Annual or biennial pubescent often branching herbs, with linear or linear-lanceolate acute or acuminate sessile leaves, and large purple, red or white erect flowers, solitary at the ends of axillary peduncles. Calyx ovoid-oblong, not inflated, narrowed at the throat, 10-ribbed, 5-lobed, the lobes linear, elongated and foliaceous. Petals 5, shorter than the calyx-lobes, their blades obovate or cuneate, emarginate, not appendaged; stamens 10. Styles 5, alternate with the calyx-lobes, opposite the petals. Capsule 1-celled. Seeds numerous, black. [Greek, a field-garland.]

Two known species, natives of Europe and Asia, the following typical.

1. Agrostemma Githago L. Corn Cockle. Corn Rose. Corn Campion

Fig. 1799

Agrostemma Githago L. Sp. Pl. 435. 1753. Lychnis Githago Scop. Fl. Carn. Ed. 2, 1: 310. 1772.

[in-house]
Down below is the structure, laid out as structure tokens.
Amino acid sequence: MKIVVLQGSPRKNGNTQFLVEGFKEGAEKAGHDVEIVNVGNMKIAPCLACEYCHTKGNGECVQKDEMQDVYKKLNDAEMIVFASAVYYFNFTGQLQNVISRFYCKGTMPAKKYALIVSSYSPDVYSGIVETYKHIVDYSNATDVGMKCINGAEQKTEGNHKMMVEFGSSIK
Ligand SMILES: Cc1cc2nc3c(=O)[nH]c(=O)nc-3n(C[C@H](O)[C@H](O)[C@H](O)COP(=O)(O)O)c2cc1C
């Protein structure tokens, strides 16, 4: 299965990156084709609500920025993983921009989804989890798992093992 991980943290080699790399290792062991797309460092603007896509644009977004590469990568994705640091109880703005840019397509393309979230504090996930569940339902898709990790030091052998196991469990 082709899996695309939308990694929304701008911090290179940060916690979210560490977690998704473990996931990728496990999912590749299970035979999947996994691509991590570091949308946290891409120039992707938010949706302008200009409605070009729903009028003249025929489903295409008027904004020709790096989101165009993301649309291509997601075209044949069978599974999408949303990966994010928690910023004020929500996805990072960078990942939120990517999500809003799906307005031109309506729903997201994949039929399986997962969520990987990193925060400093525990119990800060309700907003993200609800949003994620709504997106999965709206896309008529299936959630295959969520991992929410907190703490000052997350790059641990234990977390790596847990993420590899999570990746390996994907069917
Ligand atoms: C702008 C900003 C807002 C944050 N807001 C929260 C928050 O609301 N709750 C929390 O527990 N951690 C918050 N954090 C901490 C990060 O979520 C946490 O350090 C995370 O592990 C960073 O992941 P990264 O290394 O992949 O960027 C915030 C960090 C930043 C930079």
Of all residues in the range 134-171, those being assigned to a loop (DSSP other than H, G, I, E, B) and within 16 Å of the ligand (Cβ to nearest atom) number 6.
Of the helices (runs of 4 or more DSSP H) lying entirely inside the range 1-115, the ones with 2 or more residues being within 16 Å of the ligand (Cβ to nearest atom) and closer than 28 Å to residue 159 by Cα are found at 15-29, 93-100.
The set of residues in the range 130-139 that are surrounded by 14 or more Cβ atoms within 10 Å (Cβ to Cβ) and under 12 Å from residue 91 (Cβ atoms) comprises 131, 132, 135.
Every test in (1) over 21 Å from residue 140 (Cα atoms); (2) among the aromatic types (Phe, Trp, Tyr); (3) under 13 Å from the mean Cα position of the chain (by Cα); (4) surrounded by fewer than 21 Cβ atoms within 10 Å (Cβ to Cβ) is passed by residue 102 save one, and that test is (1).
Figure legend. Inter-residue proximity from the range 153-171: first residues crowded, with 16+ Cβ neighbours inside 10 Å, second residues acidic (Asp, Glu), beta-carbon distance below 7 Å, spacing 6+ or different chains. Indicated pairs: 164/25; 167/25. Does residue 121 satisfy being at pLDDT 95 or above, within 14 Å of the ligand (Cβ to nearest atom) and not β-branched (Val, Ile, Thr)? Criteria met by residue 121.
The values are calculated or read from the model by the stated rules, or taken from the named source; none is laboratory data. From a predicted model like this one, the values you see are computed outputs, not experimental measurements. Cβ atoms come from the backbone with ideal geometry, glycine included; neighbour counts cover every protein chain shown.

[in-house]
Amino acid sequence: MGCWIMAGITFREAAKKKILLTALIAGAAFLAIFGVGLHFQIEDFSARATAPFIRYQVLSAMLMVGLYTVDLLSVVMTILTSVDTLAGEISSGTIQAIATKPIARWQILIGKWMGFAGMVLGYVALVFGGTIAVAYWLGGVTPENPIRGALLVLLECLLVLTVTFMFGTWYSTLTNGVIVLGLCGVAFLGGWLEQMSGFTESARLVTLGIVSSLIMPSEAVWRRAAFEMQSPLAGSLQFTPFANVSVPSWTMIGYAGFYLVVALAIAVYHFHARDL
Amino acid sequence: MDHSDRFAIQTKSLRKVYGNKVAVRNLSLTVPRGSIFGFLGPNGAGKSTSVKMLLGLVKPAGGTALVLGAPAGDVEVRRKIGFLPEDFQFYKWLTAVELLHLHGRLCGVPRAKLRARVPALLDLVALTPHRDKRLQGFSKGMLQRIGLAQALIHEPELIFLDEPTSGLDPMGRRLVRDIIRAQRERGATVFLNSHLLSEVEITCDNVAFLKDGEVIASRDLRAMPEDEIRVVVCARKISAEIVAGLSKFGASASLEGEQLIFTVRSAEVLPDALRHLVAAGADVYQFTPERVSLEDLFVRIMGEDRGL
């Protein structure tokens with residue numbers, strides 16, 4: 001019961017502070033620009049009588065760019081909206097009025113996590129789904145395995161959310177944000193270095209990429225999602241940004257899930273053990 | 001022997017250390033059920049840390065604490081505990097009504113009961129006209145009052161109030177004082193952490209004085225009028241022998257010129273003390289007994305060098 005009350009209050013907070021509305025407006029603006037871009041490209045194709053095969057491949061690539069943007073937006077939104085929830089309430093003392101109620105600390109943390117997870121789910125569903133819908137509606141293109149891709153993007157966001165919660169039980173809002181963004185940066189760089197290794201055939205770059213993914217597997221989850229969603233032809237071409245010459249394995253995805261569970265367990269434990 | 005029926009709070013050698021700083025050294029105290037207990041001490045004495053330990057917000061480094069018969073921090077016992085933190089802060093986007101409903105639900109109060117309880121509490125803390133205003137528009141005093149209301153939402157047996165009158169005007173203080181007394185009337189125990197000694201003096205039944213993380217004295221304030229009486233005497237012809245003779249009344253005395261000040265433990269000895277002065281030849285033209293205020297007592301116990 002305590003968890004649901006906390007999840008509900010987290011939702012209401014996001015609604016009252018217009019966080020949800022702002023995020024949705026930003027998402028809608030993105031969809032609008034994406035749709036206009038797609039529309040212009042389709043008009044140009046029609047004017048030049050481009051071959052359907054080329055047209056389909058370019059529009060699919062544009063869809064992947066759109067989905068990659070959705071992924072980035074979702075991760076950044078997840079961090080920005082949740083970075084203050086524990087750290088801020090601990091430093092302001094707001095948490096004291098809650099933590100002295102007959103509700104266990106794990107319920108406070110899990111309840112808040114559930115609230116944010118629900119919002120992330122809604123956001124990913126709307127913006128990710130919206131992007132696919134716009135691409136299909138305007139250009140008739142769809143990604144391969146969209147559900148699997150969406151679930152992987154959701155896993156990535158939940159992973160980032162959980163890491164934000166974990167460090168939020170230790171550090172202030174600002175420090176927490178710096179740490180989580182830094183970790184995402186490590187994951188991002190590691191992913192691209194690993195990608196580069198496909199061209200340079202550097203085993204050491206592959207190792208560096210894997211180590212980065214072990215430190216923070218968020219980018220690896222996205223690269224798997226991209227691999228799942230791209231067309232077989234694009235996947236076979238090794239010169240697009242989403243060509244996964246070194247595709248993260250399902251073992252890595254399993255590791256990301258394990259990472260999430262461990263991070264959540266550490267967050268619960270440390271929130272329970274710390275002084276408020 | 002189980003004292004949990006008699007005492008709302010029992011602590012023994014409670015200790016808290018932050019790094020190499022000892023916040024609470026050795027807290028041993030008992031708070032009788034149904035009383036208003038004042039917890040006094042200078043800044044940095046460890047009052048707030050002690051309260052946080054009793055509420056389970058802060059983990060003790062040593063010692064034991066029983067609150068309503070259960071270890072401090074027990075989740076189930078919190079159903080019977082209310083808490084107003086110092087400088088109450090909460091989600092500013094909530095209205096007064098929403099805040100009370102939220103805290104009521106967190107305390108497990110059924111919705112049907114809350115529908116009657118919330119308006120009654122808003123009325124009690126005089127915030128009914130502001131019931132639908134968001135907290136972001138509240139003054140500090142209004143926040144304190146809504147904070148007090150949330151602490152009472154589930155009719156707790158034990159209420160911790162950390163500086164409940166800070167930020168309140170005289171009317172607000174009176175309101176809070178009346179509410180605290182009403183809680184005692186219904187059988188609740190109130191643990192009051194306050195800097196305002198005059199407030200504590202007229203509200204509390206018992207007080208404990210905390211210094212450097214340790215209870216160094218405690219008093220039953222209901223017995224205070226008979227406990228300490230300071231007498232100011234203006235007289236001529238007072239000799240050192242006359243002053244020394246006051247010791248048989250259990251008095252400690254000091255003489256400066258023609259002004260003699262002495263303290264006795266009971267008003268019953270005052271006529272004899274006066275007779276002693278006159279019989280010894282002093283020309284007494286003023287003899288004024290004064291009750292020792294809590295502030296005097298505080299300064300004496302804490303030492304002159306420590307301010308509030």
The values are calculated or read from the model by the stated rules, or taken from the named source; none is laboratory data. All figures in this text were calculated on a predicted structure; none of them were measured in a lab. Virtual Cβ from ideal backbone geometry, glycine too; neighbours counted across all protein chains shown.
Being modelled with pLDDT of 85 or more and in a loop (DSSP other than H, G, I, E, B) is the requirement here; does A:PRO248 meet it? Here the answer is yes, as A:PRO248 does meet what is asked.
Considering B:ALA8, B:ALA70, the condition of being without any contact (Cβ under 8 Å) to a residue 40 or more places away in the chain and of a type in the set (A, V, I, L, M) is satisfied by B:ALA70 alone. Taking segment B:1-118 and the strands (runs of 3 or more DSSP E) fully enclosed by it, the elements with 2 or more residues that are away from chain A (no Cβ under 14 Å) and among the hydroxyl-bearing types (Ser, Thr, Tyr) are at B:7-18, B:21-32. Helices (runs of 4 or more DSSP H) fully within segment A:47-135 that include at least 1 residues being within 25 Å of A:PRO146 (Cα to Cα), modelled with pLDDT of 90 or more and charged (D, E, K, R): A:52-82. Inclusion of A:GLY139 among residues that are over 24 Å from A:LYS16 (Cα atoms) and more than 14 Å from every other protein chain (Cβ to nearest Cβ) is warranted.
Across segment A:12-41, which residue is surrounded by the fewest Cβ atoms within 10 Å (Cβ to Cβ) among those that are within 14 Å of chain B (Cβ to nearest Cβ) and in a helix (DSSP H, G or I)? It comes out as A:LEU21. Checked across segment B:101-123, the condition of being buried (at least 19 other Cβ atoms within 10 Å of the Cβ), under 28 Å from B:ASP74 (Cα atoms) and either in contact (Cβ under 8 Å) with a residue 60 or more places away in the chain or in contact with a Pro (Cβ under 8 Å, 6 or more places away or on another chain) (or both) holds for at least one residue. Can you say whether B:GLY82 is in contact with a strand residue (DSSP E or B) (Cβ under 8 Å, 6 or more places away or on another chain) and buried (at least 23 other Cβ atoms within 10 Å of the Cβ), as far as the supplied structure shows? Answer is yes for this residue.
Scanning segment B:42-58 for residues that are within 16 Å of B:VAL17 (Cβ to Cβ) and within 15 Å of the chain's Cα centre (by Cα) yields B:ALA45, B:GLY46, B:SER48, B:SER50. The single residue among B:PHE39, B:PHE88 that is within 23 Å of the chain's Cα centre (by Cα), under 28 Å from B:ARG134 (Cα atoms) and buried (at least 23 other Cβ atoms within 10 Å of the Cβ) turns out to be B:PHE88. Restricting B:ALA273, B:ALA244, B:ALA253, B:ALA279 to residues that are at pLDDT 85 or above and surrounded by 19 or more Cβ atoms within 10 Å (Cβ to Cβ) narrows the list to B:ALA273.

Erect, 1°-3° high, simple or with few erect branches, densely pubescent throughout with whitish appressed hairs. Leaves linear-lanceolate, acute or long-acuminate, erect, 2-4' long, 2"-3" wide, the lowest narrowed at the base; flowers showy, 1'-3' broad; peduncles stout, 3'-8' long, erect; calyx ovoid, its lobes linear, foliaceous, 3 or 4 times the length of the tube and much exceeding the petals, deciduous in fruit; petals usually slightly emarginate, the blade obovate-cuneate.

In grain fields and waste places, frequent or occasional throughout our area. Adventive from Europe, occurring also in northern Asia. Corn-, mullen- or old-maid's pink. Crown-of-the-field. July-Sept.

1 Agrostemma Githago L Corn Cockle Corn Rose Corn  141